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Why You Cannot Trust Your Lawyer With Incriminating Evidence – Colorado Criminal Law

By H. Michael Steinberg Denver Colorado Criminal Defense Lawyer – Attorney

Why You Cannot Trust Your Lawyer With Incriminating Evidence - Colorado Criminal Law Why You Cannot Trust Your Lawyer With Incriminating Evidence – Colorado Criminal Law – There are important rules – a Code – that controls the conduct of your Colorado Criminal Defense Lawyer. While those charged with crimes in the criminal justice system cannot take the time to learn this complex code – it is critical to at least have a cursory understanding of certain basic conflicts that may arise between you and your lawyer.

This brief article addresses one of those conflicts – commonly called the “hot potato” scenario. In a nutshell the ” hot potato” scenario involves the client giving his lawyer certain evidence of the crime with which he or she is charged…. the “hot potato.”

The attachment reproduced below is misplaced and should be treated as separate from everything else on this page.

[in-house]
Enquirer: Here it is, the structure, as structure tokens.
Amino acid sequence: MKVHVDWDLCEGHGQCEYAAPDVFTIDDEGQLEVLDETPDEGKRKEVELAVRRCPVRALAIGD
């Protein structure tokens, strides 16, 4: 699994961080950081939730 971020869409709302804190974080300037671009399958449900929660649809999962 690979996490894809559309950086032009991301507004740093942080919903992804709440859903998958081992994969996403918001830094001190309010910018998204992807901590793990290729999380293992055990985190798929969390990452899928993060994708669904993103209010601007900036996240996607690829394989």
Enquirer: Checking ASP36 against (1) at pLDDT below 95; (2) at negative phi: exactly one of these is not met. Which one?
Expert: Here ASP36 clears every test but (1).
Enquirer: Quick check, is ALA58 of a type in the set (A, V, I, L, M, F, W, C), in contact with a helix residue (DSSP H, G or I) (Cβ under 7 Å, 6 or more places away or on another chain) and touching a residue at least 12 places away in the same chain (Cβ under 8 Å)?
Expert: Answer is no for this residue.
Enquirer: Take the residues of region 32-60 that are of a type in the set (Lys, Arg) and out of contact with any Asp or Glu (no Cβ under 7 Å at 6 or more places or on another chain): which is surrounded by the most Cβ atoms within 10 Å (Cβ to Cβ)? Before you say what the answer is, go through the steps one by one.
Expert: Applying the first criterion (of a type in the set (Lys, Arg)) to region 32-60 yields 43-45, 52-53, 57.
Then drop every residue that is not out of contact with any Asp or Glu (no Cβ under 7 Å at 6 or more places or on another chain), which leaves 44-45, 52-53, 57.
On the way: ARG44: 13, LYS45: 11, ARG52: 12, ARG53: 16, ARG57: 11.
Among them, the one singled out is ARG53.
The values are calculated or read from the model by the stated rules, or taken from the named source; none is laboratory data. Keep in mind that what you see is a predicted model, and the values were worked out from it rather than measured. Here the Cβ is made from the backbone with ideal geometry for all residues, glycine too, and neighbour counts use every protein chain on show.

There are situations where a lawyer’s duty of client loyalty must give way to the need of the public to prosecute criminal cases coupled with the duty of the attorney as an officer of the court.

The “hot potato” scenario is one of these times.

Some Basic Foundations OfThe Criminal Defense Lawyer – Client Relationship

The Colorado Code of Professional Responsibility (the Code) requires a Colorado criminal defense lawyer not to:

“reveal a confidence or secret of his client,”.

A lawyer also cannot:

“[u]se a confidence or secret of his client to the disadvantage of the client.”

A ‘confidence’ refers to information protected by the attorney client privilege under applicable law.

A ‘secret’ refers to other information gained in the professional relationship that the client has requested be held inviolate or the disclosure of which would be embarrassing or would be likely to be detrimental to the client.

A lawyer also has a duty not to prejudice or damage his client during the course of the professional relationship.

The Need For Complete Trust Between A Criminal Defense Lawyer And The Client

What must be clear to every person who has hired a lawyer when they have been charged with a crime is this – to provide the most effective defense, there must be a full and fair disclosure to the lawyer of all the known facts.

That means the good facts and the bad.